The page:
3 tips to boost cashflow without diluting equity

Even with a stand-out business idea, securing the funds to set your plans into motion is one of the biggest hurdles an emerging enterprise will face. Luckily, there are a number of ways in which your startup or SME can gain capital.

Venture Capitalists, Accelerator schemes, and some crowdfunding platforms are happy to hand over cash but in return they expect a slice of the pie.

All of these are appealing, and welcomed by many founders with open arms, however, by approaching funding more strategically, you can receive financial support whilst keeping a firm grip on your equity.

In case you didn’t know, there are a few ways for your startup to gain funds without having to offer anything in return.

Here are three fantastic ways to boost your cashflow without diluting equity:

1. Grant Funding

Scenario: You’ve conjured up a killer product or service, and the blueprint to execute valuable research and development. Unfortunately, you’re struggling to get going without a cash injection.

The UK is home to a generous grant funding system that provides commercially viable R&D projects with the financial means to kickstart their business venture. Every year, innovative and valuable startups are granted cash sums that can be used to cover almost any expense needed to bring their vision to life.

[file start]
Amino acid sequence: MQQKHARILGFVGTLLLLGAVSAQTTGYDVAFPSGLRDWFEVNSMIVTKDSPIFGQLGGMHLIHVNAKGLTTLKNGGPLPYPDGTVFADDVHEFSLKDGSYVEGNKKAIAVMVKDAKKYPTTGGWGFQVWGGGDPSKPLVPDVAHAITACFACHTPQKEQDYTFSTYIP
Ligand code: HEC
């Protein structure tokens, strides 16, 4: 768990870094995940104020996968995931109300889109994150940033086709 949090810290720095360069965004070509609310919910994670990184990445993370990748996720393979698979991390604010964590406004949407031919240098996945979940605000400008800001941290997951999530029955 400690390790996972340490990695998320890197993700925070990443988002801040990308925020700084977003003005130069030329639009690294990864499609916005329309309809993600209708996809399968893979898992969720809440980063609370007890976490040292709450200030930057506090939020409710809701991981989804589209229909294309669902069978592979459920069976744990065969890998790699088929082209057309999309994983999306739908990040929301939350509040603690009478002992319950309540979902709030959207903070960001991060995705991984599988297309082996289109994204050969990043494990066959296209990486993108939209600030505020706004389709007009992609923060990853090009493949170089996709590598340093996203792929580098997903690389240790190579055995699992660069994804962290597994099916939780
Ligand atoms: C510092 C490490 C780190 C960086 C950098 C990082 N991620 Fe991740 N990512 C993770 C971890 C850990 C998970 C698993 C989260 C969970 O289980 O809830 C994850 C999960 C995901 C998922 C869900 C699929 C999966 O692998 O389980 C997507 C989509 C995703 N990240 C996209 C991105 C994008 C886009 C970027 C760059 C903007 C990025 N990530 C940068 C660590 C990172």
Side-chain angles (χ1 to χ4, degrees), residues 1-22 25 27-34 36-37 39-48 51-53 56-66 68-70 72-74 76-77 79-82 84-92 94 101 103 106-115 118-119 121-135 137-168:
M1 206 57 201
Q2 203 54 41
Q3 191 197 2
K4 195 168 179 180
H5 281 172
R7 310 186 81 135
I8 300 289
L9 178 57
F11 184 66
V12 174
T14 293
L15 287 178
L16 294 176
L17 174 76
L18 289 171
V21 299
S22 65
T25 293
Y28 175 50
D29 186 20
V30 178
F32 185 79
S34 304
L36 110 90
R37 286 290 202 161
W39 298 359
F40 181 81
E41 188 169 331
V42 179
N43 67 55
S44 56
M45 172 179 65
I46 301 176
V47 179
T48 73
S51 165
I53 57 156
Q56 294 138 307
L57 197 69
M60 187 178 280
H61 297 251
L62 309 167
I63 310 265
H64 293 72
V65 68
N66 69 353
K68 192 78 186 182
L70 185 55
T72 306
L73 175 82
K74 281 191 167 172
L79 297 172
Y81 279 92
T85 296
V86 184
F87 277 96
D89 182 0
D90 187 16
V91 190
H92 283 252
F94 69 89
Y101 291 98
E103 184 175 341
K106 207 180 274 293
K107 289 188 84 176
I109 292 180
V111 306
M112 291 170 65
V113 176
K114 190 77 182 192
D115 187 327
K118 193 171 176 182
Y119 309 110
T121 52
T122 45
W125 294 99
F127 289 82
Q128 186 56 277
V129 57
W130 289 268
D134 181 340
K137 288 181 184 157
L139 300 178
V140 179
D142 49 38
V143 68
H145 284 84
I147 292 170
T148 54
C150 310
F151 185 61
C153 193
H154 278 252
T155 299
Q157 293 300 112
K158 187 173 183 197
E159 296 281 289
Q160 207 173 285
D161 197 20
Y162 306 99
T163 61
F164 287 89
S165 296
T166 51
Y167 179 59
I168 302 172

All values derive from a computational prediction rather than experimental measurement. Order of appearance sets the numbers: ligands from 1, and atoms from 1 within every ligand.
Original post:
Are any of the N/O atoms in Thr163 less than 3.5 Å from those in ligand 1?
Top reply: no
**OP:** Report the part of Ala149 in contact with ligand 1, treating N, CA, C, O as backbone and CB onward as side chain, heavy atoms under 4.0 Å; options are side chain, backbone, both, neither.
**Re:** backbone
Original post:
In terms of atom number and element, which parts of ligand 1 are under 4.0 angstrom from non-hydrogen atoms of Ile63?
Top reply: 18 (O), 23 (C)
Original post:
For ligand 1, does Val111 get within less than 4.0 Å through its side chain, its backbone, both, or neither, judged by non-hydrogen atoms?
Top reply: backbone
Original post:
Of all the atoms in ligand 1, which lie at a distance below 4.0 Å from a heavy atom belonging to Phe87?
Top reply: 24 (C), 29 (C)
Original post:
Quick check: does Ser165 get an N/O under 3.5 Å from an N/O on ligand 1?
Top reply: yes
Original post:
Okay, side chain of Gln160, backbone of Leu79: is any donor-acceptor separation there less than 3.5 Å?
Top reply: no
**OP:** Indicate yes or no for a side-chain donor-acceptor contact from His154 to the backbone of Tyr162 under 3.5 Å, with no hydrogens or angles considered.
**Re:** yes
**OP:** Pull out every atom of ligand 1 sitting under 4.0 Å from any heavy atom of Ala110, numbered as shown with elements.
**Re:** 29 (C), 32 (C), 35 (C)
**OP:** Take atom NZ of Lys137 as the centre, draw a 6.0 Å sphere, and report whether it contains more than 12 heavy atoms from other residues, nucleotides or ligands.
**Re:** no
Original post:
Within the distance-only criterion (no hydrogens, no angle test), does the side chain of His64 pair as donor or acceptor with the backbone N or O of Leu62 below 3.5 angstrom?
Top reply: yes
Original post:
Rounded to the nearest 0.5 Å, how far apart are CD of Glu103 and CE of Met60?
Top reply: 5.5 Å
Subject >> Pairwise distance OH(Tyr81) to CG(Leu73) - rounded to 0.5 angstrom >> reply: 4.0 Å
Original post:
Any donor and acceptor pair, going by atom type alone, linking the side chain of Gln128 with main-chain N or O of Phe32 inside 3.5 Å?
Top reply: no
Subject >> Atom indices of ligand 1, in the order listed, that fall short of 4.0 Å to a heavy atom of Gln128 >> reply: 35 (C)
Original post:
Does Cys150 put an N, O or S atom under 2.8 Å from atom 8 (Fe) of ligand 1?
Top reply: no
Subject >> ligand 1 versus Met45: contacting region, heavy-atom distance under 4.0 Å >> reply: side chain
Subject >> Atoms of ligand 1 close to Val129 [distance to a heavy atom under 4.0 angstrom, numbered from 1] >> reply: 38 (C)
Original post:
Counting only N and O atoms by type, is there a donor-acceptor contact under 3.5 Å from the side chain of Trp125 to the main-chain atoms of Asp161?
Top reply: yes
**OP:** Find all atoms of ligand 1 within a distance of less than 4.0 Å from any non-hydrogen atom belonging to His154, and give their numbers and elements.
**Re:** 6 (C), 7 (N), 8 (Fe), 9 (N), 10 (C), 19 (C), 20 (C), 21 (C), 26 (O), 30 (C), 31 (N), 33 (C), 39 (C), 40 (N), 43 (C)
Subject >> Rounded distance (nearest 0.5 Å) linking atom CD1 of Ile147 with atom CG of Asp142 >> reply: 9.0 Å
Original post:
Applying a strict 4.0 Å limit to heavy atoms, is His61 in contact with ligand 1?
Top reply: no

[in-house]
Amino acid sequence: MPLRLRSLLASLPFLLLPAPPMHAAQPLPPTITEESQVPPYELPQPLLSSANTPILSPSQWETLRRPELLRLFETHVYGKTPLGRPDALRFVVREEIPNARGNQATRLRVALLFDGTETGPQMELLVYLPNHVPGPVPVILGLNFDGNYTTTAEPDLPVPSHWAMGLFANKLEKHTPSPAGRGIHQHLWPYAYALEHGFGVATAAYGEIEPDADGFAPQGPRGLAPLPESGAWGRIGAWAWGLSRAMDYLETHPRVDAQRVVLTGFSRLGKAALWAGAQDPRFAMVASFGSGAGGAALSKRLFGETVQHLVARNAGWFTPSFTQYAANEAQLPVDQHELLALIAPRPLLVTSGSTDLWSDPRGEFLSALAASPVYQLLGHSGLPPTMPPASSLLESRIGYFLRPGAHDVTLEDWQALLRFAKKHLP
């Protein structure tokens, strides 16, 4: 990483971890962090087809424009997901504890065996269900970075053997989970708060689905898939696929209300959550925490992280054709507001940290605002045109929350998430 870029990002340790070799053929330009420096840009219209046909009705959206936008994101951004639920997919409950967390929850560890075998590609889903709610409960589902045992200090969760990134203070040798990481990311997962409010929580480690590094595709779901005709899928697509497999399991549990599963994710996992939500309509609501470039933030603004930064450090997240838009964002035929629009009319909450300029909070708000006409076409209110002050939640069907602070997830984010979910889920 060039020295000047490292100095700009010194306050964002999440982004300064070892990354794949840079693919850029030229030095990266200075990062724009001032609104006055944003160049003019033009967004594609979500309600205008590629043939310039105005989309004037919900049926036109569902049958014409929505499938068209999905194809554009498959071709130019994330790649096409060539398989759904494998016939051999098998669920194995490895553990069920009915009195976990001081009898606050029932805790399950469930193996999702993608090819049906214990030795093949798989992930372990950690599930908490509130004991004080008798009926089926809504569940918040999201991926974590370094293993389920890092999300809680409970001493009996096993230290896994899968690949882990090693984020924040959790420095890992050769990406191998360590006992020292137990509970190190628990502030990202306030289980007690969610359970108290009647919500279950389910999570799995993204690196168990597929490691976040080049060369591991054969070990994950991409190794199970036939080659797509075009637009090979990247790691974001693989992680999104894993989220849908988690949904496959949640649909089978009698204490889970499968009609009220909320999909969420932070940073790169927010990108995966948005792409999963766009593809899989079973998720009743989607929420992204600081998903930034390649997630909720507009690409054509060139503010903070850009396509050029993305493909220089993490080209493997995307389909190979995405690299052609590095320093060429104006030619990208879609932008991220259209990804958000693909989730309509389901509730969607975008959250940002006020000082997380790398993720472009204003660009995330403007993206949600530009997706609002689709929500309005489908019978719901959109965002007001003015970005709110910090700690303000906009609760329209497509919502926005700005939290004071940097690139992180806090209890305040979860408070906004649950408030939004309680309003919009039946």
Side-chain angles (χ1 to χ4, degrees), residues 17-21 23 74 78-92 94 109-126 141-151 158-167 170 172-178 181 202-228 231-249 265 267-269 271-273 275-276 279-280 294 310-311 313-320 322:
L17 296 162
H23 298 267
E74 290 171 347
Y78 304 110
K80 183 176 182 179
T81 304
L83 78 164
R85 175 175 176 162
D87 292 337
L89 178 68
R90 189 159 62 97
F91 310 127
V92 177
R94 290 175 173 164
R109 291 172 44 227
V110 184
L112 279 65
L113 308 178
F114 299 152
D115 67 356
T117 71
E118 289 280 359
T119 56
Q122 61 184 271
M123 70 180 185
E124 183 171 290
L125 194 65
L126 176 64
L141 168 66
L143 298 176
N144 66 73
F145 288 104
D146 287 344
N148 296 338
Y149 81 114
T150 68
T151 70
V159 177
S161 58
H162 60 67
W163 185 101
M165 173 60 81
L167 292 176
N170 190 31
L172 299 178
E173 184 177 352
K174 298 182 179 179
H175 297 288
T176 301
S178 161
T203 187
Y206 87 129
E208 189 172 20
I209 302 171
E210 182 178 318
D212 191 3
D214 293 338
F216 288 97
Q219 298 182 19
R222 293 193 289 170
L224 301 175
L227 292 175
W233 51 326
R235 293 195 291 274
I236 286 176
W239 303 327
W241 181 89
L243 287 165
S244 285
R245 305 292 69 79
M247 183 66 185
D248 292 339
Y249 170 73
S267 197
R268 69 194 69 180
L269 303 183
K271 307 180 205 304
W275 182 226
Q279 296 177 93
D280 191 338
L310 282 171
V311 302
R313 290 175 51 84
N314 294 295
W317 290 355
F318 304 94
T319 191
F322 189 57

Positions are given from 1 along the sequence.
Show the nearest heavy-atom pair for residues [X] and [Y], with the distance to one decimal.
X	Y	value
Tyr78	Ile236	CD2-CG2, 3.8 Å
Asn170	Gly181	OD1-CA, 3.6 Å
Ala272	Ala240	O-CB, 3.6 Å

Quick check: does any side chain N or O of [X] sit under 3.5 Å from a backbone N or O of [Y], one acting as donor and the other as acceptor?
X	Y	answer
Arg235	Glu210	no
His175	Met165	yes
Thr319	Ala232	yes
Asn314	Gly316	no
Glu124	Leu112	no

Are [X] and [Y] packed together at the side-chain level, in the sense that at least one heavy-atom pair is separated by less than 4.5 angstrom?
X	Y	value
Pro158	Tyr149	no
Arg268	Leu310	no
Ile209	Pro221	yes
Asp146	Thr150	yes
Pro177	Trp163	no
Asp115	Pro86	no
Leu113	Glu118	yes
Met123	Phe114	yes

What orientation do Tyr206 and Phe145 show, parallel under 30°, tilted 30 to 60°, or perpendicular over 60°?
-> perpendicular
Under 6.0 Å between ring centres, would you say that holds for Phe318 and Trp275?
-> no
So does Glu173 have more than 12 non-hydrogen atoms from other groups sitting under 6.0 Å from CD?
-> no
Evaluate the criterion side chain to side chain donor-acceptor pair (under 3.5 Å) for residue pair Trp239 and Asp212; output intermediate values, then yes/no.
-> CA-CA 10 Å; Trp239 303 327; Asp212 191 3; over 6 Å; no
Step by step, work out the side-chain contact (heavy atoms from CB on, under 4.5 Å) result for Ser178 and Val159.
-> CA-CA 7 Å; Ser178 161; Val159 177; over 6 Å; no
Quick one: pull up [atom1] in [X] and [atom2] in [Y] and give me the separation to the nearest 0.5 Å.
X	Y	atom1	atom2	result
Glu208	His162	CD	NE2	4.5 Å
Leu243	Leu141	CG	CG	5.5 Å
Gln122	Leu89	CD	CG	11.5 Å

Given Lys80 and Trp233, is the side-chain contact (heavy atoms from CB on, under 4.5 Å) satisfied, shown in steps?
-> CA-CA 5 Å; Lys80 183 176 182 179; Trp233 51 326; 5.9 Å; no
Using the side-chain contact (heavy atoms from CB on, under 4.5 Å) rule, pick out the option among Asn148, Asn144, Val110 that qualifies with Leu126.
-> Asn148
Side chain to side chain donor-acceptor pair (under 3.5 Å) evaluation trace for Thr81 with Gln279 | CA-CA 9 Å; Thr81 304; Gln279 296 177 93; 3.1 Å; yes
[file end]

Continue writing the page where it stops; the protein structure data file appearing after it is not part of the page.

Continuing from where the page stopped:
For successful applicants, there are no hidden caveats to worry about, as grant funds are:

  • 100% guaranteed upon success;
  • Totally non-repayable;
  • Not at risk of diluting your corporate equity.

That’s guaranteed, free money, with no strings attached. The government won’t come knocking on your door to ask for anything in return.

I know what you’re thinking. If these benefits are out there for the taking, why doesn’t every startup rely on grant funding? The truth is, these attractive schemes naturally stir-up fierce competition, with applications having spiked to record numbers over recent years.

If you want to stand a chance of being accepted, producing an outstanding proposal is vital. A huge proportion of applicants don’t meet the criteria, as they fail to demonstrate the positive economic and societal impact that their R&D will bring. There’s no shortcut to reaching this pot of money. Successful grant proposals often come from professional guidance from experts in the field.